Let be the CDF of the standard normal density function. I want to evaluate:
. Clearly this is equal to (we have that a > 0).
What I would like to know is whether I can bring the limit inside. The CDF is right-continuous and so I would usually have no issues with bringing it inside. However is defined? If it is NOT defined then since is itself equal to , it seems that I'm not allowed to bring the limit inside of in this instance? But if it is defined at +infinity then I can bring the limit inside.
Last edited by derksheng; 10-15-2012 at 10:37 PM.
Lol. Sorry. Of course it's 1. been typing too much latex in last 5 hours.
And as a side note you need to have more than just "right continuous" to be able to bring a limit inside the integral.
I don't have emotions and sometimes that makes me very sad.
derksheng (10-15-2012)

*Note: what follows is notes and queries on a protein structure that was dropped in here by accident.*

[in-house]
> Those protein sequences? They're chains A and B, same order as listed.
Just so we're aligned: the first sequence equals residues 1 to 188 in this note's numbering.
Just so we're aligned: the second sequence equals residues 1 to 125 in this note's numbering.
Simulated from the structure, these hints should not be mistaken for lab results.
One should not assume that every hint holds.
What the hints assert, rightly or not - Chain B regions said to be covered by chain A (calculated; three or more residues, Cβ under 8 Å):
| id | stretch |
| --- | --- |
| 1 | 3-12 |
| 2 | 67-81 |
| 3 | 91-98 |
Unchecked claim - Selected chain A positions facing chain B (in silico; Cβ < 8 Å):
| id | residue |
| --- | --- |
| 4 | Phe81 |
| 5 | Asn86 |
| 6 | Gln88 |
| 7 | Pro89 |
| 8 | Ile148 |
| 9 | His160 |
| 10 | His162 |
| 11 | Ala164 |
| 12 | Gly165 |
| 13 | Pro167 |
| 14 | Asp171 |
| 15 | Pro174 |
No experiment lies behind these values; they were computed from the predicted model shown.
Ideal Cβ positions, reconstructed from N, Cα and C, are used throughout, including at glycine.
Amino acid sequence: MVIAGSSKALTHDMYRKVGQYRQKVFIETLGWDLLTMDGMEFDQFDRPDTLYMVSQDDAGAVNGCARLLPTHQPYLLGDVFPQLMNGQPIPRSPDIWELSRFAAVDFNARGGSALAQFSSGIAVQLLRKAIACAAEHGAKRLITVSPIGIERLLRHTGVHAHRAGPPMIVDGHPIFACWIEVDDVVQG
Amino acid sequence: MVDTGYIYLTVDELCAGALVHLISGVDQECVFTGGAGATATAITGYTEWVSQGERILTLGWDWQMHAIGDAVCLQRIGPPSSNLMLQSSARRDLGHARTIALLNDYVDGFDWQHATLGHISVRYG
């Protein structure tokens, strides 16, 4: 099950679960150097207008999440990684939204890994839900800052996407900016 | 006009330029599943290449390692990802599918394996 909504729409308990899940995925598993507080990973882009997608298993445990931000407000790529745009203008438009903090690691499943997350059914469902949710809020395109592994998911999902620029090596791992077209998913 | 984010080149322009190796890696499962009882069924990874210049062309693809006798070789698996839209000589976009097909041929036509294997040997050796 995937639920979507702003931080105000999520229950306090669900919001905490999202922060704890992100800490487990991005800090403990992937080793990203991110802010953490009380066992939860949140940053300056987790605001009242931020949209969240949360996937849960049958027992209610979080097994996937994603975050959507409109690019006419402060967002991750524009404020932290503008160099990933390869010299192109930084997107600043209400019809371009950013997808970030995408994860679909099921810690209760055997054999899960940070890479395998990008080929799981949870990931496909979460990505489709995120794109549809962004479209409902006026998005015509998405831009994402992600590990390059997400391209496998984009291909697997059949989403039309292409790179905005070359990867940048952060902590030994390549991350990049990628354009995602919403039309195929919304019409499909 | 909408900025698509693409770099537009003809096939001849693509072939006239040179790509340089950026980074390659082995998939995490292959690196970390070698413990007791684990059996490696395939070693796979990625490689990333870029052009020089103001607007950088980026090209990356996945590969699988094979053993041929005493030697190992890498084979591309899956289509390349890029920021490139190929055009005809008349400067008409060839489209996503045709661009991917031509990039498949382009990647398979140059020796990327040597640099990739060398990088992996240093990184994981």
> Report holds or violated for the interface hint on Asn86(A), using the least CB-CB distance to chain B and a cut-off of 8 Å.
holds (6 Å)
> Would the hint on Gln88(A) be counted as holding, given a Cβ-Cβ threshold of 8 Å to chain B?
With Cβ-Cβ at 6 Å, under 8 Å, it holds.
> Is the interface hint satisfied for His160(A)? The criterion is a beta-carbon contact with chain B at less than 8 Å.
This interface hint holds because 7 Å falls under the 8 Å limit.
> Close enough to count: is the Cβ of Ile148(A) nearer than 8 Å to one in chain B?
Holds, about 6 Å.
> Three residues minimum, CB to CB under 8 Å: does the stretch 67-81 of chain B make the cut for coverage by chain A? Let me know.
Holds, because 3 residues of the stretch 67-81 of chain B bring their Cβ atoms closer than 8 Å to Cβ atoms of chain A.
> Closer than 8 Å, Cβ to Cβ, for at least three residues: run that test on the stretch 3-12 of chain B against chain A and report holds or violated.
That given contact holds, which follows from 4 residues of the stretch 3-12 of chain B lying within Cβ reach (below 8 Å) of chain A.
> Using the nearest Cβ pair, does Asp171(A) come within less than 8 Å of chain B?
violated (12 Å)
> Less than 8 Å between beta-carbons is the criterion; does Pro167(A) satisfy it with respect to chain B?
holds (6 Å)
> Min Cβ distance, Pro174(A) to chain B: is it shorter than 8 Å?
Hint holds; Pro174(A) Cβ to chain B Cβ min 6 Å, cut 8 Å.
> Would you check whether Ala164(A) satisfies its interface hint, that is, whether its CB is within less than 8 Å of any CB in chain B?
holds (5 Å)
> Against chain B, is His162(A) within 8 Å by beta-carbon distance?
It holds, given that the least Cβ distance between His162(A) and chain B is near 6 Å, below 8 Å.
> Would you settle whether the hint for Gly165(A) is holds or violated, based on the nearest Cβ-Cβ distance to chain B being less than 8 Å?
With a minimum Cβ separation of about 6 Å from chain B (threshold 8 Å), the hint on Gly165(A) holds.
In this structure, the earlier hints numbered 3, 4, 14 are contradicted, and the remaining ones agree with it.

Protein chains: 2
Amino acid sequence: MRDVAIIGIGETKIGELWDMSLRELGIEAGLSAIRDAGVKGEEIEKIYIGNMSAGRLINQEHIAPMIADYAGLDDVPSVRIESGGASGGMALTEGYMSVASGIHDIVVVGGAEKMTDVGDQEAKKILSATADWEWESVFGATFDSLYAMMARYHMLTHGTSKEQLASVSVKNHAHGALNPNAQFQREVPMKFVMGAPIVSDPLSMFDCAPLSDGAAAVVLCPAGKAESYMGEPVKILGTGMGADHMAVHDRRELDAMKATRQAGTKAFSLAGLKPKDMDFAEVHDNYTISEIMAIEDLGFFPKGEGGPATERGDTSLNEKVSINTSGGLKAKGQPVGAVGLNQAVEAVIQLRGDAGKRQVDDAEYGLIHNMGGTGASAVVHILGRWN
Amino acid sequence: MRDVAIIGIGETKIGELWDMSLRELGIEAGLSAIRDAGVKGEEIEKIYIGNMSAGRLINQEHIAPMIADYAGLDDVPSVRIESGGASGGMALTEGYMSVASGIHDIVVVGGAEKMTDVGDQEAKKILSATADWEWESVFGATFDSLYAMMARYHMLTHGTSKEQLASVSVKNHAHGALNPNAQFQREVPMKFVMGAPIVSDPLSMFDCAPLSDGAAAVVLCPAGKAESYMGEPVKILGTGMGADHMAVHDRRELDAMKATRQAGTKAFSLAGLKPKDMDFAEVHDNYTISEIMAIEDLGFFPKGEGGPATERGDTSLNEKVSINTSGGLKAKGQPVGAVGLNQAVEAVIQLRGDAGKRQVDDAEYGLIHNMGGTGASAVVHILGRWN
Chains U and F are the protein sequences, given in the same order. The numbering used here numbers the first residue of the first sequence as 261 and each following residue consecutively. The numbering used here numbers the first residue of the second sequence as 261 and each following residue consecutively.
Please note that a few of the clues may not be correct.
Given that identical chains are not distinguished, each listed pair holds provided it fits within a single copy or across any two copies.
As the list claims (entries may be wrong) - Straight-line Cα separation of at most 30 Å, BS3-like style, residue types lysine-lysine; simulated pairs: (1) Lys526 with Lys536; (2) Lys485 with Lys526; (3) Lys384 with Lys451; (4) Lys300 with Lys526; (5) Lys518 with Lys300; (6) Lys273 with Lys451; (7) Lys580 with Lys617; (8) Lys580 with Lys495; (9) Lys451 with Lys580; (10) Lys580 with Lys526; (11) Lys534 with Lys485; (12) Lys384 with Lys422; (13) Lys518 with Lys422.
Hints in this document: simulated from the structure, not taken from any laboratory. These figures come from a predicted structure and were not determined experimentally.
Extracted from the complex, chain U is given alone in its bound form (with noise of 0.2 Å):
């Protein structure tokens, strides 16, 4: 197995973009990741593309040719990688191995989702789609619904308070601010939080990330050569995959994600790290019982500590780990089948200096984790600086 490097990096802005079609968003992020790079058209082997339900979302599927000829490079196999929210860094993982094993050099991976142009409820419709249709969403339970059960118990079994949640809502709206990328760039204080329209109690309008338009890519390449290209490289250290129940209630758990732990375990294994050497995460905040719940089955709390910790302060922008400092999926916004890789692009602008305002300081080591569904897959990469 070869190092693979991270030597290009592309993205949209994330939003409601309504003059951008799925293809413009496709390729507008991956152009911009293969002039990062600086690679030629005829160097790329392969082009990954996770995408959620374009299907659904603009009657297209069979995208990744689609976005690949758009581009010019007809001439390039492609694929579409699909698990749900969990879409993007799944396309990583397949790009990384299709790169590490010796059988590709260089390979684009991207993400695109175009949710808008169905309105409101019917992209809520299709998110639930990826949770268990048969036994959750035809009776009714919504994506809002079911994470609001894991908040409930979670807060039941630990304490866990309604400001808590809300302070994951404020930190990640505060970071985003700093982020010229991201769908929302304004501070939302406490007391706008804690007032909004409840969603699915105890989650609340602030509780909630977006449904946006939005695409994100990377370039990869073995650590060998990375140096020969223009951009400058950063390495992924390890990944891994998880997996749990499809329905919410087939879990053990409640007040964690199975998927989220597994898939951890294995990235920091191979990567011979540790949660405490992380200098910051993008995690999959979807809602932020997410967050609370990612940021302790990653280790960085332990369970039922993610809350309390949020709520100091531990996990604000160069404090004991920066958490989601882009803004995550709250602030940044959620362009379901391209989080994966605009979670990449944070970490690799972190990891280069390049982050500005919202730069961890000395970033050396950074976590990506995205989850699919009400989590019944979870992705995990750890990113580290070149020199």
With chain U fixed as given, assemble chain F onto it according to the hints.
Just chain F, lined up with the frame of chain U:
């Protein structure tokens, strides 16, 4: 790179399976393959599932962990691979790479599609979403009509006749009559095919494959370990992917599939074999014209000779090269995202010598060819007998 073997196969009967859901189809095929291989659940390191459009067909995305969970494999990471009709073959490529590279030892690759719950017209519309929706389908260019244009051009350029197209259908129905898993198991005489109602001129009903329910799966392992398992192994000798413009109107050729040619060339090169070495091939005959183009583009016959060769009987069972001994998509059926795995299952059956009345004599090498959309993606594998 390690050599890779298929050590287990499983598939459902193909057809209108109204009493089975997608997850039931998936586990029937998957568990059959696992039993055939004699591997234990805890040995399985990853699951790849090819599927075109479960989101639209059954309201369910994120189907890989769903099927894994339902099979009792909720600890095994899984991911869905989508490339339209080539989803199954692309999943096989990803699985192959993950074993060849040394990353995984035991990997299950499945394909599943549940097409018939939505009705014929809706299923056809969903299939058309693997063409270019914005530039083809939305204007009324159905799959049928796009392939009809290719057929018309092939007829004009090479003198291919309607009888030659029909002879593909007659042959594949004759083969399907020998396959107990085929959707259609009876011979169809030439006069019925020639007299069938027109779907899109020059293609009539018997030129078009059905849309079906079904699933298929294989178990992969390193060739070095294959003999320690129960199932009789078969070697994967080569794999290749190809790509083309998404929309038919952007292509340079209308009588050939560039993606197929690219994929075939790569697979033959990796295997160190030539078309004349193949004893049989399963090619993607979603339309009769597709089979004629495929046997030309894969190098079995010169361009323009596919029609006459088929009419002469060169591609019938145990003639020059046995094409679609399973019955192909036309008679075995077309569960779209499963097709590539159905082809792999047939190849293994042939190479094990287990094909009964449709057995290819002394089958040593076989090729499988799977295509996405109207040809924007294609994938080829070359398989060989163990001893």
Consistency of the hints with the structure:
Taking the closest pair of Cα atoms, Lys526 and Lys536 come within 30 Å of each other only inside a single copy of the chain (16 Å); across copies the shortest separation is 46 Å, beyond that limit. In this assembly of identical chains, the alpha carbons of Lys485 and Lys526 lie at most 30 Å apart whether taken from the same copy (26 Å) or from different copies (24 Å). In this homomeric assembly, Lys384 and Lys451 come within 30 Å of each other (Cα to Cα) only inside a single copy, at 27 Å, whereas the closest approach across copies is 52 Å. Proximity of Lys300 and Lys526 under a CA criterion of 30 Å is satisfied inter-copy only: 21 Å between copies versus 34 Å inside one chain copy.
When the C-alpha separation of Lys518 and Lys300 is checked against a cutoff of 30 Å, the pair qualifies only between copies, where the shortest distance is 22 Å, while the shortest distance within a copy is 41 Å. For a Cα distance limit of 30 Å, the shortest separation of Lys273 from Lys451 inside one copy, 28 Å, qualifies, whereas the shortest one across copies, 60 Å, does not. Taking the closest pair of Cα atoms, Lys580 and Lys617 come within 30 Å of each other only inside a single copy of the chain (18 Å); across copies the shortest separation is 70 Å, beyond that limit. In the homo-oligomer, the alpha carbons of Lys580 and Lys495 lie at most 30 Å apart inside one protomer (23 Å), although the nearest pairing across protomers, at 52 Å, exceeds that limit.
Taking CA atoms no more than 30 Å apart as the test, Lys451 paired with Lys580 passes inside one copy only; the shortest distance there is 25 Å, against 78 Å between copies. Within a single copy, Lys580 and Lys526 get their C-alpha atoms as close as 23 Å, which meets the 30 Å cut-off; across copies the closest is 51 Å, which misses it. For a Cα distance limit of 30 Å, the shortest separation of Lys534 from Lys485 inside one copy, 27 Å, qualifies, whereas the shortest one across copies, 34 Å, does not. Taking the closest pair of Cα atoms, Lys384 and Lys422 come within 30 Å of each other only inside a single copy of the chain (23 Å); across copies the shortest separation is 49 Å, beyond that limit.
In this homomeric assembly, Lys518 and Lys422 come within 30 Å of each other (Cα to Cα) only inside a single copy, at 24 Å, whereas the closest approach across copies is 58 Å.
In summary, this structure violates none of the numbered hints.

I am confident that we can extend it to because we would just be taking the integral of the PDF from to which is well defined as equal to 1.
However I'm less confident about fixing x = in N(x), because I haven't done the math to show that we can integrate from to and get 0 without any problems.
It doesn't help that these notes make the claim that the domain is :
http://ocw.mit.edu/courses/electrica...JF08_lec05.pdf
derksheng (10-15-2012)
Okay good so the domain is the extended reals! Great!!!
Last edited by derksheng; 10-16-2012 at 02:40 AM.
To finalize this thread, N(.) is both right and left continuous so it is always fine to bring in the limit.
But in a measure theoretic sense you are bringing it inside the limit because what is happening is
Further note that continuity isn't all you need to bring limits inside!
Let
Now is continuous for all n. Also for any value of x we have as . However
for all n.
So in this case
If there is one thing I learned in measure theory it's that you need to be careful when moving limits around.
I don't have emotions and sometimes that makes me very sad.
derksheng (10-18-2012)
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